The Most Believable Irish Ghost Stories

| © Stephen Saks Photography / Alamy Stock Photo
Kate Phelan

The Irish are partial to a good scary story, as the inaugural Dublin Ghost Story Festival, which took place in August 2016, will demonstrate. But among the plentiful fantastical tales of satanic rituals and ‘White Ladies‘ that are equally common in most cultures, there are some narratives that are more sombre, and unique to the places that created them – making them all the more believable. Here are five such convincing Irish ghost stories.

The Ghost of Archbishop Narcissus Marsh in Marsh’s Library, Dublin

In their 1914 book True Irish Ghost Stories, St. John D. Seymour and Harry L. Neligan describe how Marsh’s Library – Ireland’s oldest free public library – is meant to be haunted by its founder, Archbishop Narcissus Marsh. It is said that during his lifetime (1638–1713) the Archbishop’s young niece, whom he raised, eloped and married the curate of Chapelizod village. His niece apparently left a note in one of the library’s many volumes, which the Archbishop’s ghost is believed to still be searching for to this day. Bram Stoker, who found inspiration for his famous 1897 Gothic novel Dracula in Dublin, visited Marsh’s Library several times.

The Hauntings of Leap Castle, County Offaly

The Cooneen Poltergeist, County Fermanagh

Another famous Irish ghost story included in Blake’s Haunted Ireland is that of the Cooneen poltergeist. The abandoned cottage in a forest, where this demonic poltergeist is said to have manifested in 1913, looks like the setting of a truly terrifying horror movie. The Murphy family who lived there at the time reported sounds – like footsteps, tapping, snoring, spitting and hissing – before the ghost went on to more enthusiastic activities, like throwing things across the room. According to Blake, the three priests who attempted to deal with the poltergeist – all of whom saw unexplained happenings take place in the cottage – were very badly affected by the encounters. One had a nervous breakdown, one contracted spinal meningitis and another suffered facial paralysis. The family emigrated to the United States.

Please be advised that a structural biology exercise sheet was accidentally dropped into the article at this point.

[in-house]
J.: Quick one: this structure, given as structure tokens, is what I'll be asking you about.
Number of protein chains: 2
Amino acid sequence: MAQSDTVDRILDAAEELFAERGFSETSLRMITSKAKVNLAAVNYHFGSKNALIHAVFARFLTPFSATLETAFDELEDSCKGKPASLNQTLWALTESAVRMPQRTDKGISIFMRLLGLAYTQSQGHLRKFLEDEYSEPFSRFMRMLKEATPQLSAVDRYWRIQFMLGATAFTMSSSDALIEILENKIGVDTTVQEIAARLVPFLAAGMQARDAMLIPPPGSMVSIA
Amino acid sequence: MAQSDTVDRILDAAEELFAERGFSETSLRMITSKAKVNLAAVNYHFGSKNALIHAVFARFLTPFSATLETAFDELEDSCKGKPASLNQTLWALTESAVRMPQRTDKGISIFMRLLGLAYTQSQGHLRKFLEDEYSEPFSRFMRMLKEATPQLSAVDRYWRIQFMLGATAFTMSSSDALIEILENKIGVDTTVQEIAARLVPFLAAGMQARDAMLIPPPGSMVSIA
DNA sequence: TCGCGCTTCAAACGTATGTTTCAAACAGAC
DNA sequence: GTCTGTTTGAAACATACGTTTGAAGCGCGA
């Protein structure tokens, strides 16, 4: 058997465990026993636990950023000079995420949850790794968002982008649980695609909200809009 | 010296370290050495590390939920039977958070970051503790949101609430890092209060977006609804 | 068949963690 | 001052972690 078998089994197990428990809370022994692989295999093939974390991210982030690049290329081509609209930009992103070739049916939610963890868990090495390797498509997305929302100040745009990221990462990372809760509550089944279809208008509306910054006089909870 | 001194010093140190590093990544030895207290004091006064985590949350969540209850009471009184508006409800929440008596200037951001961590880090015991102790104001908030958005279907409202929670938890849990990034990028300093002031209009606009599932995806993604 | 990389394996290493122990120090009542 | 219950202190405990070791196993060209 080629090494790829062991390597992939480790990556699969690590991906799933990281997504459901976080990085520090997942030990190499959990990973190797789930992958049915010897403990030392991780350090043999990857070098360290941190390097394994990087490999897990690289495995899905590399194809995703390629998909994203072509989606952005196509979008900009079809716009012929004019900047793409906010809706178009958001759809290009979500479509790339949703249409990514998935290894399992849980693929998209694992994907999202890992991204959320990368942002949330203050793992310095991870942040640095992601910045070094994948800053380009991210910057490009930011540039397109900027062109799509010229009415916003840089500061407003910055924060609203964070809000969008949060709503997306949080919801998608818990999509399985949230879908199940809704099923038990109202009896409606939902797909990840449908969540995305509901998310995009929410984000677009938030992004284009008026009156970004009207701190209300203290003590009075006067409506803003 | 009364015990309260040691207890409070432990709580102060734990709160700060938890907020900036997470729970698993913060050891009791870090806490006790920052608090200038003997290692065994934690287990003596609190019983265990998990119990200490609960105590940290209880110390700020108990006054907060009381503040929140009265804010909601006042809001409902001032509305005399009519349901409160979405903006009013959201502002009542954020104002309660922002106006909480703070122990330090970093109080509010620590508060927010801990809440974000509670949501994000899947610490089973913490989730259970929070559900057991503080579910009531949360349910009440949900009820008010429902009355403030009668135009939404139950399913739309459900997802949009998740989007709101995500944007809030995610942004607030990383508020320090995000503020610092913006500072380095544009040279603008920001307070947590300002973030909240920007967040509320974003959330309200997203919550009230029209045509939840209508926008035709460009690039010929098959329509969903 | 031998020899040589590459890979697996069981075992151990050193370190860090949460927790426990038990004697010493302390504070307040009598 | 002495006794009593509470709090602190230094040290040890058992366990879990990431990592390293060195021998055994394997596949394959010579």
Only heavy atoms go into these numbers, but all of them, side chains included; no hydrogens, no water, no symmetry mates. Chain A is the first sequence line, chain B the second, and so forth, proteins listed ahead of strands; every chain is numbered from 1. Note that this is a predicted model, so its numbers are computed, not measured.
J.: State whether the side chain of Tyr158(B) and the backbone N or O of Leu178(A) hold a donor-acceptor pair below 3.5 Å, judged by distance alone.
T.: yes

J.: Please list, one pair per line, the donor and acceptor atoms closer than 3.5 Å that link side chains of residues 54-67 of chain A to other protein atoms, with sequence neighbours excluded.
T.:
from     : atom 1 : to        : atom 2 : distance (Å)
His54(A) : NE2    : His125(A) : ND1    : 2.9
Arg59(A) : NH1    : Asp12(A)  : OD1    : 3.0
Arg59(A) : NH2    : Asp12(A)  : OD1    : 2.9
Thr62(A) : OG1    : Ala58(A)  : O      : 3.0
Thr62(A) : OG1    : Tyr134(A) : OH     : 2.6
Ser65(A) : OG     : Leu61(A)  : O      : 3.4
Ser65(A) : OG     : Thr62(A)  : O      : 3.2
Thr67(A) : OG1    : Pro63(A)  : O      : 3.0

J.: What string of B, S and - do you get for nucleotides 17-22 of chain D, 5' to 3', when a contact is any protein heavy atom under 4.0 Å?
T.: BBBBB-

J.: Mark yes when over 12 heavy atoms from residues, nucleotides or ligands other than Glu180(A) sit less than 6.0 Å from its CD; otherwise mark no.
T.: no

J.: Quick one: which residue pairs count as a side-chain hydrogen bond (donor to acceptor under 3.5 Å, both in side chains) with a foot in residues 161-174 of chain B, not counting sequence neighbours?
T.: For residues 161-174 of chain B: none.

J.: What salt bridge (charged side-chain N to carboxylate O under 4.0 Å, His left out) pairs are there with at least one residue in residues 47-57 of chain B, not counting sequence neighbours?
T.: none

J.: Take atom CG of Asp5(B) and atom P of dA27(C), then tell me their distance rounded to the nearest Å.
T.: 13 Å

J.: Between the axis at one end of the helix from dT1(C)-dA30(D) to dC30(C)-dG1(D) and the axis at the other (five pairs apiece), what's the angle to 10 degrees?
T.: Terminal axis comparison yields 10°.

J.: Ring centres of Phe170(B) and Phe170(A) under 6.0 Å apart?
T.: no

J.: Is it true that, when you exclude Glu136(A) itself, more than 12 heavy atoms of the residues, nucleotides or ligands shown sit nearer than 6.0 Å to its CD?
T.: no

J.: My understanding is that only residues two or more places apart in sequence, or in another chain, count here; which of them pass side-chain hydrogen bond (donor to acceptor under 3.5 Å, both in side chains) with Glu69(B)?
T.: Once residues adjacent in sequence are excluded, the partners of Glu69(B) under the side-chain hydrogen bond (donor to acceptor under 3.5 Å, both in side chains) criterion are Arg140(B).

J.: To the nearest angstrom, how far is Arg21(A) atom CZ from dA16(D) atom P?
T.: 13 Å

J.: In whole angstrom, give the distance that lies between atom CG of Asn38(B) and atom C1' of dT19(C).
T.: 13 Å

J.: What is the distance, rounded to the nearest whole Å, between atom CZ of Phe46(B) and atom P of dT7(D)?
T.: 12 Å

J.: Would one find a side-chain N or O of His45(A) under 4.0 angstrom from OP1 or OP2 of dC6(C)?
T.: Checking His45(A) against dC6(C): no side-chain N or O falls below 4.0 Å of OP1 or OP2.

The Nightmares of Lafcadio Hearn

Lafcadio Hearn’s Gothic horror essay ‘Nightmare-Touch’ appears in The Penguin Book of Ghost Stories: From Elizabeth Gaskell to Ambrose Bierce (2010), but what readers unfamiliar with the author’s life may not realise is that the story is somewhat autobiographical. Patrick Lafcadio Hearn was born in Greece in 1850 to an Irish father and Greek mother and, after being abandoned by both parents, he spent some time living on Dublin’s Leeson Street with his father’s aunt. While in that house as a child, he was plagued by horrific nightmares of the ghostly figures that would go on to inform his world-famous books on Japanese legends and ghost stories.

The Ghost of Cliff End in the Novel Uneasy Freehold

Though entirely fictional, Dorothy Macardle’s ghostly tale of siblings living in a haunted house in the south of England has been called ‘one of the greatest ghost mystery stories ever written in the English language.’ Macardle was an Irish republican feminist who wrote her first collection of ghost stories, Earthbound: Nine Stories of Ireland (1924) while imprisoned in Kilmainham Gaol during the Irish Civil War. Her chilling novel Uneasy Freehold was published in 1941 and made into the Academy Award-nominated film The Uninvited in 1944. Later publications of the novel used this title.
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